“It only made sense to help customers ensure the people they are hiring are trained and educated in this occupation,” says, Bright, secretary of the International Window Cleaning Association, from which the Institute spun off.

He says the Institute spun off following the development of a national standard for window cleaning safety.

“One of the difficult things about developing safety training is having a consistent guideline,” Bright adds. “There was a lot of guesswork going on. The industry knew it needed a specific set of guidelines. Then they could develop a training program.”

Training reflects the new ANSI/IWCA 1-14.1 Window Cleaning Safety Standard, which was published last year, says Bright. Students learn by downloading one of four different workbooks from the Institute’s web site.

Course work has been divided into four categories: route and residential specialist; commercial ground (using all equipment accessed from the ground); high-rise rope descent (RDS); and suspended-scaffold high rise courses.

Bright says students may test at any time but they must log a prerequisite number of work hours before any certification will be granted. For route and residential cleaners, 550 hours are required; also required are 580 hours for commercial ground crews, 1,155 for RDS cleaners and 1,155 hours for suspended-scaffold high rise workers.

For Institute members, three-year tuition is $200 per person. At the end of that time, students will have to retest at half the initial cost. Nonmembers pay substantially more for the course: $1,750. Bright says the Institute is just launching the program and doesn’t expect the first applicants until December or January.

Association of Specialists in Cleaning and Restoration (ASCR)
The ASCR has been offering training programs for more than a decade. The association’s first programs concentrated on cleaning. Restoration specialities followed.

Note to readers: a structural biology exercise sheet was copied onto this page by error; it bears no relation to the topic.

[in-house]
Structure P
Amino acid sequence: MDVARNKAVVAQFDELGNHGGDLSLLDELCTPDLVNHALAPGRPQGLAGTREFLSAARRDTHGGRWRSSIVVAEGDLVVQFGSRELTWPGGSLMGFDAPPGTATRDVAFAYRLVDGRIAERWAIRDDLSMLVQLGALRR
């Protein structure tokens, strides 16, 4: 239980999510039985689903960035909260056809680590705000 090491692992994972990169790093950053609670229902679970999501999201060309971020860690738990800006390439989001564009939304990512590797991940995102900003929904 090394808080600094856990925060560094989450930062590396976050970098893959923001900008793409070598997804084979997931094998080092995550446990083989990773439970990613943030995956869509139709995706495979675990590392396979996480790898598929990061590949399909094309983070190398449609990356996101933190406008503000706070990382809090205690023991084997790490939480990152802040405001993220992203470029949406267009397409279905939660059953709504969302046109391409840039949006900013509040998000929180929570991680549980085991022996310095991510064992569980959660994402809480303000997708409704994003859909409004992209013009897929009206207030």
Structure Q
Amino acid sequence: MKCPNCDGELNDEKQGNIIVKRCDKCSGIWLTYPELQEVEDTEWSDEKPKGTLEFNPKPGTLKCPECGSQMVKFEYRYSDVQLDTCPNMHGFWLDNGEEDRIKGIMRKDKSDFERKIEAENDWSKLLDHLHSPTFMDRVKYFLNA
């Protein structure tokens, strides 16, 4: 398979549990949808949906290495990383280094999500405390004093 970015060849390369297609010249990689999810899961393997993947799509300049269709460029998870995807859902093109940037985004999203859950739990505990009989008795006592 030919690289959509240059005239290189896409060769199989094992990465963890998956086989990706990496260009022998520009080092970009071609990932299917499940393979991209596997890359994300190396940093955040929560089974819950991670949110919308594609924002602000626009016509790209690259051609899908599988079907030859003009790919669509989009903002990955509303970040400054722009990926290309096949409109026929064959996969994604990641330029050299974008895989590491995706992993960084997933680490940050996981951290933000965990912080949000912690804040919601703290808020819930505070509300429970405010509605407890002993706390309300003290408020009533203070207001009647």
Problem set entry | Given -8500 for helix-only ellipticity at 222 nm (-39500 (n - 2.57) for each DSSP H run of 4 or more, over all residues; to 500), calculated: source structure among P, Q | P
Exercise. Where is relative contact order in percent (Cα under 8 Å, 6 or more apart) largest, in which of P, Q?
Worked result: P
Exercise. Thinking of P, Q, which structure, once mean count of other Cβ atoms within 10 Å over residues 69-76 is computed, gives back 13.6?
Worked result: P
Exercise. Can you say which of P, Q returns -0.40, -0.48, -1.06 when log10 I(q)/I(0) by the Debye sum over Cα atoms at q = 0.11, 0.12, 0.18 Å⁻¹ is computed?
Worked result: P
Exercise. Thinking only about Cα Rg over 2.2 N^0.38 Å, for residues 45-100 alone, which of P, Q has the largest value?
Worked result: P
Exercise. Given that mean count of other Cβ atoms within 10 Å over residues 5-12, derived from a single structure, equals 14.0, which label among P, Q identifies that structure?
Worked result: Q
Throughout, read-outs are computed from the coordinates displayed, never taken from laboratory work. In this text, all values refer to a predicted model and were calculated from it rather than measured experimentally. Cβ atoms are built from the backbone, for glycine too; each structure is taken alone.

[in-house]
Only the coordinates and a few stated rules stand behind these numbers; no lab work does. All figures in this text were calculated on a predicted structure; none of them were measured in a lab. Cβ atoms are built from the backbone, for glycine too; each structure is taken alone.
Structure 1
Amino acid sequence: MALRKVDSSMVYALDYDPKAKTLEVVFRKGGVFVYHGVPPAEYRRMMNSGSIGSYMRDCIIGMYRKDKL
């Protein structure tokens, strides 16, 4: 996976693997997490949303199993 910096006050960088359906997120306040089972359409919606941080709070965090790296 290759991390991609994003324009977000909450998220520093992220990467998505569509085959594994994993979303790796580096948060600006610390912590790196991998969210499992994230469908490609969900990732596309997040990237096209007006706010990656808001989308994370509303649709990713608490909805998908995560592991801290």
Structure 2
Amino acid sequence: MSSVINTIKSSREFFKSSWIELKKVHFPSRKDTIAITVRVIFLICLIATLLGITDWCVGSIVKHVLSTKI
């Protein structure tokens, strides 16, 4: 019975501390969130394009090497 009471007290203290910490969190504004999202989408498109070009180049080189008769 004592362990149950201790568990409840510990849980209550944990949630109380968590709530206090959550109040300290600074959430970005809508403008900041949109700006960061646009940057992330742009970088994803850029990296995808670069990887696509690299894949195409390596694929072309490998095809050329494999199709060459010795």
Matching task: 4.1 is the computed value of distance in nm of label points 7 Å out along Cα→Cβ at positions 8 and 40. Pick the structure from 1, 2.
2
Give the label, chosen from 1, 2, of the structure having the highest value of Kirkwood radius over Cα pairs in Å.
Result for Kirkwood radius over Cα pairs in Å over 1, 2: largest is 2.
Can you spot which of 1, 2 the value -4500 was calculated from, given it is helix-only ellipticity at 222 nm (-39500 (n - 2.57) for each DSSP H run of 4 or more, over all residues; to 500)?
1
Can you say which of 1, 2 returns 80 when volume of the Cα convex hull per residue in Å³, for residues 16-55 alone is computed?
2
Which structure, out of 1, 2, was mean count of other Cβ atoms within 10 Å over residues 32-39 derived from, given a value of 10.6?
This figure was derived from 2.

“Both industries are highly fragmented,” Jacobson says. “They are, generally speaking, local companies that are insulated from each other. There isn’t a lot of transference of knowledge from company to company because they are competitors. There was a need to come up with some unifying standard.”

Members of the association also wanted to offer useful education on cleaning and restoration techniques so that people wouldn’t have to learn by making potentially dangerous mistakes on the job.

Training currently is available worldwide, with the strongest emphasis in North America. ASCR’s foundation does the education and another arm of the organization does the certification. With 1,300 member companies, Jacobson says ASCR has programs to serve every level, from executives to the newest employee. The first level is for front-line workers, the second is for supervisors and the third is for upper management. Jacobson says the system is part of a seven-level master design.

Training is done in a variety of locations, including hotels, at the job site or with a participating distributor. One-day cleaning seminars run about $100. Five- to six-day programs can cost as much as $2,000.

“We want to have a program that advances not only the industry but advances the people. It’s important for any industry to have a pool of very alert, aware, educated people who can work efficiently,” he says.

The organization also performs background checks on everyone that applies, and rules out anyone with a felony conviction.

“If you’ve been in trouble with the law you can’t become a member or get a certification,” he says. “That’s especially important with all the mold fraud that’s been going on now.”

American Bio-Recovery Association (ABRA)
Founded in 1996, the Ipswich, Mass.-based association is dedicated to promoting education, ethics and technology in this cleaning niche. ABRA represents about 50 of the estimated 300 companies currently specializing in this type of cleaning.

Founder Kent Berg says the focus is much broader than crime- and trauma-scene clean-up.

“The industry has expanded to include disease outbreaks, clandestine drug lab clean up, animal-waste-related diseases, all types of bacteria and fungi related odors, and other forensic related chemicals,” Berg says.

When he got started in the industry, there were few companies and many learned by trial and error. There was no sharing of information, and work was not being performed uniformly, says Berg. In many cases there was a lot of misconception about disease and how to effectively decontaminate.